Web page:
September 18th, 2009

Black culture in contemporary London?

Apologies for the broadness of this, but at this point I'm not sure how to narrow it down.  I'm developing a screenplay set in contemporary London, and the main female character is Black.  She's in theatre, and definitely interested in music, but I've realized that I know nothing about Black culture in England.  Googling "Black culture in London" gave me reports of murders that "Tony Blair blames on Black culture" -- not helpful.

While I'm open to sources of every kind and form, I'm particularly interested in documentary film as research, because musical and artistic traditions will play an important role here.

Thanks for any illumination you can provide!

Edit:  Adding apologies for a REALLY stupid linguistic gaffe in my original post -- I'm suitably mortified and won't let fatigue hinder my thoughts next time.  Thanks again! 

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Blindness and hallucinations

I've got a character ((about 40 years old, male, in the hospital for medical treatment for another injury) who was blinded, a few years before the story takes place. This was the full, literal removal of both eyes during torture, and though the resulting injuries have been treated, it's not like his sight's just diminished over time. Would he experience hallucinations differently? From what I've read, it seems like blind people (especially those who've been seeing much of their lives) are just as capable of visual hallucinations, but I'd prefer to be sure. These hallucinations are caused by a combination of what Wikipedia would like to call phantom eye syndrome and sleep deprivation.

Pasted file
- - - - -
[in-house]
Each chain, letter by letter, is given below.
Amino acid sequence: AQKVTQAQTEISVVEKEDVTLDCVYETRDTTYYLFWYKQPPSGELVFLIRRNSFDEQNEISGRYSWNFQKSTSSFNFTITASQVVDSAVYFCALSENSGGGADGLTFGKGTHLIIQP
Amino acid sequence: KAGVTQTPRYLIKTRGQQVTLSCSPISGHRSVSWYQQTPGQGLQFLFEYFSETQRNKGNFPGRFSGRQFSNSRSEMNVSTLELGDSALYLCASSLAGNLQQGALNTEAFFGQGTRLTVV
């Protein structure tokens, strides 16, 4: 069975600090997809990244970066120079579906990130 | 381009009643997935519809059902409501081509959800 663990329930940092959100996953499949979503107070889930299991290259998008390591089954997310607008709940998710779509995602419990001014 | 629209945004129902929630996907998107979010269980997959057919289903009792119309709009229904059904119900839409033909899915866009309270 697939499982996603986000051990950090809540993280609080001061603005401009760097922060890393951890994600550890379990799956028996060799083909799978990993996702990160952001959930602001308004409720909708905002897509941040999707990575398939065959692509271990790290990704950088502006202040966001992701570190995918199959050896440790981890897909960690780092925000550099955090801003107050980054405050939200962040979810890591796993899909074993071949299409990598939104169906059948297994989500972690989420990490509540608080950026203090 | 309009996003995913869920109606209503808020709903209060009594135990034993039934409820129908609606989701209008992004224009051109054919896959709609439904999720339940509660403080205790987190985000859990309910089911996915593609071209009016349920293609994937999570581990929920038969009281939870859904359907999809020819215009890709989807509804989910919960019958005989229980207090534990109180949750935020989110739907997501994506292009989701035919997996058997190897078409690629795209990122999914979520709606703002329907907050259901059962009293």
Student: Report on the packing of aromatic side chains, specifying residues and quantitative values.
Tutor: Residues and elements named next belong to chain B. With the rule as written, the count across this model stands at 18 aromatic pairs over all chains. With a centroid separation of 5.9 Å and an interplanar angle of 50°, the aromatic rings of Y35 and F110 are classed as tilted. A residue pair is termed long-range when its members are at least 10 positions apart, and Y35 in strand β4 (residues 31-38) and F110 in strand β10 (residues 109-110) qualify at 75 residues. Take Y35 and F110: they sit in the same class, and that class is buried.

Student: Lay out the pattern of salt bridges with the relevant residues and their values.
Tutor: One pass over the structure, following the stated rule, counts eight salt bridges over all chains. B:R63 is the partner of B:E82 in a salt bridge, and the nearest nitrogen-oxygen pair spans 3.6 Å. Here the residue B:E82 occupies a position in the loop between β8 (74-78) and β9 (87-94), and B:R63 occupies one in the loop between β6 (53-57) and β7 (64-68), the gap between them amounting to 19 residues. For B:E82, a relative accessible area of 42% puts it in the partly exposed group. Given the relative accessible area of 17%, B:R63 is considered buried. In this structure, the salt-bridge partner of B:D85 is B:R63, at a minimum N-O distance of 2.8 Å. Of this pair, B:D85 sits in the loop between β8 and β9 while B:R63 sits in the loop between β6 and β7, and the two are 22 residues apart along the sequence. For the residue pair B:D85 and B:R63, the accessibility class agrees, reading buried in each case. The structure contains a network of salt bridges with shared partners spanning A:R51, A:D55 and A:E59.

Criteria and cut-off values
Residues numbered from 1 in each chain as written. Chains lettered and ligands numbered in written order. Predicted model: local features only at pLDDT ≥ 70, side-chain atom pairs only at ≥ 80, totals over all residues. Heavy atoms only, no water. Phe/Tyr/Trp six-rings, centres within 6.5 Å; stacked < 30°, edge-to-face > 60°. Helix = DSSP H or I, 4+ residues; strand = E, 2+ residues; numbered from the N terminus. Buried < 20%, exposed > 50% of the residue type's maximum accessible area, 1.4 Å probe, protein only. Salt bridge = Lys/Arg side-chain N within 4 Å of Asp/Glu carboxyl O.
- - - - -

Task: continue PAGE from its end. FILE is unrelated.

Secondly, if there's phantom pain accompanying these hallucinations, what medication would likely be prescribed for treatment?

Terms Googled: "blindness + hallucination", which got me some interesting info on Charles Bonnet Syndrome, but not what I needed; "phantom eye syndrome"; as well as "hallucination" in general.

ETA: This story's set in the modern day, and in a fairly well-stocked, up to date hospital. Most/all of what he's prescribed will be covered by his employer. It totally slipped my mind that this would me majorly important, my apologies.